Residents Displaced by Woolsey Fire Begin Returning Home, Prepare for Rain

The Woolsey Fire has burned through nearly 100,000 acres of the Santa Monica Mountains. Photo: CAL FIRE (Twitter).

95 percent containment, nearly 100,000 acres burned. 

By Sam Catanzaro

Over eleven days of destruction, firefighters have nearly contained the Woolsey Fire, which has burned through almost 100,000 acres of the Santa Monica Mountains in Los Angeles and Ventura counties destroying at least 1,500 structures. At the time of publishing, the fire is at 95 percent containment. 

“Firefighting resources will continue to mop up and patrol. Crews remain diligent in providing public service to residents as they return to their homes. Structures destroyed and damaged have been validated by damage assessment teams. Currently 95% of the burn assessment is complete,”  CAL FIRE said in a statement Monday morning. 

On Saturday, November 17, President Donald Trump, California Governor Jerry Brown and Governor-elect Gavin Newsom surveyed they damage in Malibu and the surrounding area after Trump pledged federal assistance to the state to help with recovery efforts.

The fire, which has caused the fatalities of three people and injured three firefighters, forced mandatory evacuation orders in the cities of Malibu, Topanga, Calabasas, Agoura Hills, Westlake Village, Hidden Hills and Thousand Oaks. Most of these areas have been repopulated but at the time of publishing, there were still regions of northern Malibu and the Santa Monica Mountains under mandatory evacuation orders. See map below. 

 

Areas of Malibu and the Santa Monica Mountains still under mandatory evacuation orders as of Monday morning. Map: CAL FIRE.


Even as firefighters put out the blaze, officials urged those displaced by the wildfire not to return until first responders declare the area safe and lift mandatory evacuation orders.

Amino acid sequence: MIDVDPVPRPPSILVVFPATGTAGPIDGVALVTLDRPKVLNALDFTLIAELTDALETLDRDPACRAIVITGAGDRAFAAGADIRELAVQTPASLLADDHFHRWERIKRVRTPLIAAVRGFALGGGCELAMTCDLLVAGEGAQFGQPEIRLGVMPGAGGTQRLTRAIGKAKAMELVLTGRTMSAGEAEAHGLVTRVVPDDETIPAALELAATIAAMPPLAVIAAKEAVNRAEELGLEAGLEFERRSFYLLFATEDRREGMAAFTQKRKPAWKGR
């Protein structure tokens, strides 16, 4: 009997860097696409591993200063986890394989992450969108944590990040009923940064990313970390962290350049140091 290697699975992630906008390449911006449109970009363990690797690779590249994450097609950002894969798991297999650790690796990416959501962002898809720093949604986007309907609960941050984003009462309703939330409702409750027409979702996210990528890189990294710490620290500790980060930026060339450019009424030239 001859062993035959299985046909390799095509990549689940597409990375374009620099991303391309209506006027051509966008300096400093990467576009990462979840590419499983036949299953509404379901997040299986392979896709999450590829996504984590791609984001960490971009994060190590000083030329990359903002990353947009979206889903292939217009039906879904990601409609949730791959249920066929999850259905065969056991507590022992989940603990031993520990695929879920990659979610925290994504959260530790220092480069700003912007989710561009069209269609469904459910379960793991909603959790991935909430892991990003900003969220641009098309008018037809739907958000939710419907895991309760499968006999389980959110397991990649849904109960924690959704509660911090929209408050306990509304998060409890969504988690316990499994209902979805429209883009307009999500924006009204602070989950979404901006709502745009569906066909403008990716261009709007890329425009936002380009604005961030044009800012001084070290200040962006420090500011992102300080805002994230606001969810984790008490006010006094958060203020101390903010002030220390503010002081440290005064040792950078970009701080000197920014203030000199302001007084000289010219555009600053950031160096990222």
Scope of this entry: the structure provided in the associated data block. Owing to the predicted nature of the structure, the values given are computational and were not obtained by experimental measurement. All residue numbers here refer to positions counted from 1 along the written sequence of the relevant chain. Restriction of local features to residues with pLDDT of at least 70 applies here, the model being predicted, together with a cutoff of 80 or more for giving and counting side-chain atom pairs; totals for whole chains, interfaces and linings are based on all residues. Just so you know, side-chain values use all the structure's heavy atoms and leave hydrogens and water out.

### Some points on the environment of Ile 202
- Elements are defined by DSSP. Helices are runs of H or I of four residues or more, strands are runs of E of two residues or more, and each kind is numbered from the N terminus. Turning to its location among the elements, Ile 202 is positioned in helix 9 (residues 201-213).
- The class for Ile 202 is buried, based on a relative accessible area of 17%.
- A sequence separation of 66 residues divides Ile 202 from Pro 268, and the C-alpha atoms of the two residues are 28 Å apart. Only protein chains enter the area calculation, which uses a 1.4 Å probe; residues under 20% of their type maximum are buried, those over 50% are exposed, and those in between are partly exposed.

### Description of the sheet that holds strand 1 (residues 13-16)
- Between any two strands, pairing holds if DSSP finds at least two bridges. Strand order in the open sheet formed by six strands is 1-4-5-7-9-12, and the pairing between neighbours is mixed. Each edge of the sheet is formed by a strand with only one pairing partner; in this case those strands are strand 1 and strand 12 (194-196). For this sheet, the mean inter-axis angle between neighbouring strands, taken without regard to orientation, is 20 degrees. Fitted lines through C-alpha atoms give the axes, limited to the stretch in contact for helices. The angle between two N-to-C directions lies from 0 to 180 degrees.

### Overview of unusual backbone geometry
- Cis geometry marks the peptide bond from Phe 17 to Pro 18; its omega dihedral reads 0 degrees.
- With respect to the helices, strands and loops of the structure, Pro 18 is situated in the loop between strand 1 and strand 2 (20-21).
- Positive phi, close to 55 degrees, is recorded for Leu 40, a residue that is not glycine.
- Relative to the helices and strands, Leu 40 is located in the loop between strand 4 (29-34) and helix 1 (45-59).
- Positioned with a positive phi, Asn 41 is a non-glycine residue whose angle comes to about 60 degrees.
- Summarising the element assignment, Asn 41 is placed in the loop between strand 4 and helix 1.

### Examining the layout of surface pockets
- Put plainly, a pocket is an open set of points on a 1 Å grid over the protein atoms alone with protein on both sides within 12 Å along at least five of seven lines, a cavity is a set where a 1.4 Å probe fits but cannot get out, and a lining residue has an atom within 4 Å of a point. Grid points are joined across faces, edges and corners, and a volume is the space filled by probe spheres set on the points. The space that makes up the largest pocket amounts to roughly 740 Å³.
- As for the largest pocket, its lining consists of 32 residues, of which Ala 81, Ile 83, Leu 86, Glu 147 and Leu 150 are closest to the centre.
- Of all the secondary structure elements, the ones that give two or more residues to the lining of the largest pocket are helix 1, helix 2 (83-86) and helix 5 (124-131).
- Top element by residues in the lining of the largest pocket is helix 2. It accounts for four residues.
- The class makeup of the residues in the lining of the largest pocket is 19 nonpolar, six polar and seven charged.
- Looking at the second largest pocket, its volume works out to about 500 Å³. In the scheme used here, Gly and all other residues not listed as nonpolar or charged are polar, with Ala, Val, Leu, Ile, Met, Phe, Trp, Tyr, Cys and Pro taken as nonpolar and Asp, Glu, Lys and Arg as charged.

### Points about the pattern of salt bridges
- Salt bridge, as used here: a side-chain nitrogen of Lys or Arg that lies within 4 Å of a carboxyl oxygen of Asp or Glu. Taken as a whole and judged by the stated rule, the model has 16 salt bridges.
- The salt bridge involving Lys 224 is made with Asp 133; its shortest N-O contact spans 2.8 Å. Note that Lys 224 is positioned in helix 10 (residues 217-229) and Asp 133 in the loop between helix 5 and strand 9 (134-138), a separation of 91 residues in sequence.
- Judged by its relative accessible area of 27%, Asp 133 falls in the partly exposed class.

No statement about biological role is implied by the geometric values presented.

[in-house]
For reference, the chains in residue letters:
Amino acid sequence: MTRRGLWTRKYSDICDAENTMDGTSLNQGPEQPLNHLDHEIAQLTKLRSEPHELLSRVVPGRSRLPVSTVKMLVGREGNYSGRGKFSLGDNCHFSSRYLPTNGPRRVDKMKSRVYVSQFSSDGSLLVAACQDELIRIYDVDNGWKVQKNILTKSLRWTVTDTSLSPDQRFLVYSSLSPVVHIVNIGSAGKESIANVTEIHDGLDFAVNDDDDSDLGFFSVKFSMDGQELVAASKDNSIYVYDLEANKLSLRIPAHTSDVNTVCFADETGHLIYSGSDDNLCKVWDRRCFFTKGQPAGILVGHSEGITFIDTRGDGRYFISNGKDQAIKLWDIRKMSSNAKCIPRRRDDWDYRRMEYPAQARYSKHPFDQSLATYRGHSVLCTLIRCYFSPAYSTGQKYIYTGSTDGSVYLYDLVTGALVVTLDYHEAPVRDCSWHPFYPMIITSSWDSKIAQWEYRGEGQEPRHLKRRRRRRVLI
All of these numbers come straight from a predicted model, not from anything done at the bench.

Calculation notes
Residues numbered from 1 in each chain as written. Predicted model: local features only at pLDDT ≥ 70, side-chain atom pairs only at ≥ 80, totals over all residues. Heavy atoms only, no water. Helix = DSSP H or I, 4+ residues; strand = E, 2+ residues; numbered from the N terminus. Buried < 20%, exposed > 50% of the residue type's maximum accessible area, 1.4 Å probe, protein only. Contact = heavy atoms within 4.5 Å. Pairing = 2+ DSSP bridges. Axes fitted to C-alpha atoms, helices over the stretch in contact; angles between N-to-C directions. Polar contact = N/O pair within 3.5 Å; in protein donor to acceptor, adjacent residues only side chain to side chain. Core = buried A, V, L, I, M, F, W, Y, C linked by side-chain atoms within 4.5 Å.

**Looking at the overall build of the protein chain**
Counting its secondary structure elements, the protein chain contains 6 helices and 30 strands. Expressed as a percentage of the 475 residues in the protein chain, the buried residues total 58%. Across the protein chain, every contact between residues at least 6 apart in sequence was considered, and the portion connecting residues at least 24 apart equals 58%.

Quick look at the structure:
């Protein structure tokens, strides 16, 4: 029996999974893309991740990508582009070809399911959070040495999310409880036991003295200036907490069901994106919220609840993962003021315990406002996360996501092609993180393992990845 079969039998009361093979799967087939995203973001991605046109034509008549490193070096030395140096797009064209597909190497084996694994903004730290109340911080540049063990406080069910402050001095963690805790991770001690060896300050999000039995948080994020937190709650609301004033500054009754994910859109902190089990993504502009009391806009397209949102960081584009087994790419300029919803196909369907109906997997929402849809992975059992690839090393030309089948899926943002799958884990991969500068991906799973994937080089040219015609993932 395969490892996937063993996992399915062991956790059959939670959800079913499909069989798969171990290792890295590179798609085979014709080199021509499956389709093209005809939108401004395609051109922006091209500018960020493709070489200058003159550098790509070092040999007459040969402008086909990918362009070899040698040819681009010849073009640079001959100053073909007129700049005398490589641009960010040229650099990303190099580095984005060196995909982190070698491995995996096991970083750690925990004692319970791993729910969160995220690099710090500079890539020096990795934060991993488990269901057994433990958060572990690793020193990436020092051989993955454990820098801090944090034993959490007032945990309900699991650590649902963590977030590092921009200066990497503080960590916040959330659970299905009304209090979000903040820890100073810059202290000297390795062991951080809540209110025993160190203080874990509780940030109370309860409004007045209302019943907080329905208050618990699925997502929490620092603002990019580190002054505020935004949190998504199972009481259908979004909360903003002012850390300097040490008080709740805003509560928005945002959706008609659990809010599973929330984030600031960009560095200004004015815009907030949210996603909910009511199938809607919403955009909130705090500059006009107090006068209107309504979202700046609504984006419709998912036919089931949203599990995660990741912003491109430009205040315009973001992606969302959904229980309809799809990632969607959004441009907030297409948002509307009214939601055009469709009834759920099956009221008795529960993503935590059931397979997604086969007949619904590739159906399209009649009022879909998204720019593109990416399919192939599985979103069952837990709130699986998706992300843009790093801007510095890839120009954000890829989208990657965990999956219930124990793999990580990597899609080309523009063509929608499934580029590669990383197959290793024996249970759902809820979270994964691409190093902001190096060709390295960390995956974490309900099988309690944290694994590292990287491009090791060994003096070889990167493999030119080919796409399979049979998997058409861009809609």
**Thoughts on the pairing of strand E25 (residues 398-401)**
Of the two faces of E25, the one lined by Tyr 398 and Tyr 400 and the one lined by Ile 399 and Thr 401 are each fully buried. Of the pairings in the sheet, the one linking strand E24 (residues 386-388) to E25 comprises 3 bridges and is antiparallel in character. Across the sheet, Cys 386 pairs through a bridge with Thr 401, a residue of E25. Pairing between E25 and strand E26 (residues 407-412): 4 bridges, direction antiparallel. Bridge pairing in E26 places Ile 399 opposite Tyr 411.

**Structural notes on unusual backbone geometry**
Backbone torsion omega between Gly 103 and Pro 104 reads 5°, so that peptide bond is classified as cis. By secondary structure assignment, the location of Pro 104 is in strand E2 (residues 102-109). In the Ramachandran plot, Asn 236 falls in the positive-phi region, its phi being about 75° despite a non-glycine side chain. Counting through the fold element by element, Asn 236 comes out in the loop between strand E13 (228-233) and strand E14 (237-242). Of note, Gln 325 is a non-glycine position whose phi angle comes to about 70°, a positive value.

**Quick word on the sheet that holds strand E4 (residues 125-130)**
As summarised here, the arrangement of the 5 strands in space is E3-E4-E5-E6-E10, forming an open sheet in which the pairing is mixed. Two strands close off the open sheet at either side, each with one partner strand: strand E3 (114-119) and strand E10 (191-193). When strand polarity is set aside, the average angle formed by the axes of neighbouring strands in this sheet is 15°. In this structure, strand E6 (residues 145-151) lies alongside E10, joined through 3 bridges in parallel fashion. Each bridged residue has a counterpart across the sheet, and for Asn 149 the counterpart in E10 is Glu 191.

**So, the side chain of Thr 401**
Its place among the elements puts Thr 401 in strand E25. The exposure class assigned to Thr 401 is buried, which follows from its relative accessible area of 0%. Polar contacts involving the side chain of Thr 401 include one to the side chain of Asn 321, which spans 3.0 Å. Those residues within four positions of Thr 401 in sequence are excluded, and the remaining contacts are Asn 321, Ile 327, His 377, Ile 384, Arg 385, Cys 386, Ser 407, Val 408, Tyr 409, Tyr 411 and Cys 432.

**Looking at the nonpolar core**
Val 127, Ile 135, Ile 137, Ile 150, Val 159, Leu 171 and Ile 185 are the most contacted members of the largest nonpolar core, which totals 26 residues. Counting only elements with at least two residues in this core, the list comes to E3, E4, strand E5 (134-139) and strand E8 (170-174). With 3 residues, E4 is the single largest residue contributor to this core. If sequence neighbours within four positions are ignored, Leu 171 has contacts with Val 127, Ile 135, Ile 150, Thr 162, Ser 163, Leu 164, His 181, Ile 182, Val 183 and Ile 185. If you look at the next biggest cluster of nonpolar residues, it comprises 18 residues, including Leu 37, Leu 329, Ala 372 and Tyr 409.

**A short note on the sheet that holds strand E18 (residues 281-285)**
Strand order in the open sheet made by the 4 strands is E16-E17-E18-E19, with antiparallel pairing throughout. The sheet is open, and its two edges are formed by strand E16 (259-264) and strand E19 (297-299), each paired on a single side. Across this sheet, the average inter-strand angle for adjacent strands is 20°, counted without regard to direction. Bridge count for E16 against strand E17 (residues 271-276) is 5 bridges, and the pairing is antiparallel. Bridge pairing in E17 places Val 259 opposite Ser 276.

“It may look safe enough to go back and check on your home, but don’t do it,” said Los Angeles County Fire Chief Daryl L. Osby at a press conference. “The potential dangers you may encounter could cost you your life. We will let you know when it’s safe to go home.”

Dangers within the impacted area include live embers, landslides, unhealthy air quality and downed live power lines.

Officials caution residents who have started to return home to be wary of their surroundings as the dangers of the fire can still linger.

“Check grounds for hot spots, smoldering stumps, and vegetation. Check the roof and exterior areas for sparks or embers. Check the attic and throughout your house for any hidden burning sparks or embers. Check for fire damage to your home, turn off all appliances and make sure the meter is not damaged before turning on the main circuit breaker,” said CAL FIRE.

Firefighters initially expected to contain the Woolsey Fire by Saturday, November 18, but challenging conditions pushed this date back. At the time of publishing, Cal Fire expected the fire to be contained by November 22.

In the wake of the fire officials have urged residents to help with cash donations but cautioned members of the public to beware of financial scams related to wildfire recovery support.

“[We are] urging that donations be made to reputable first responder, relief, and animal‐aid organizations,” Los Angeles County Emergency Operations Center said in a press release. These include the American Red Cross, United Way and Los Angeles Fire Department Foundation.

On Wednesday and Thursday, there is a chance of rain, which may offer a reprieve from the hot and dry conditions, but also brings along the possibility of mudslides due to unstable ground post-fire.

“The after effects of a wildfire on watershed can be drastic causing immediate issues and long term effects. Rates of erosion and runoff can increase to dangerous levels following wildfires in California. Normally trees, shrubs, grass and other protective groundcover help prevent soil detachment and allow rainfall to infiltrate into the soil. After a wildfire the extreme heat can bake the soil to the point that water is unable to penetrate and can cause excessive run off in a post wildfire area,” said Cal Fire.

To prepare CAL FIRE firefighters are implementing post-fire repair efforts. This includes installing water bars (ditches cut at an angle into the soil, removing soil from streams where fire lines crossed, bringing road drainage structures back to pre-fire conditions, removing hazards like burned trees from roads and power lines and installing straw-waddle dams on hillsides.

Visit http://www.readyforwildfire.org/After-a-Wildfire/ for more information on returning home after a fire.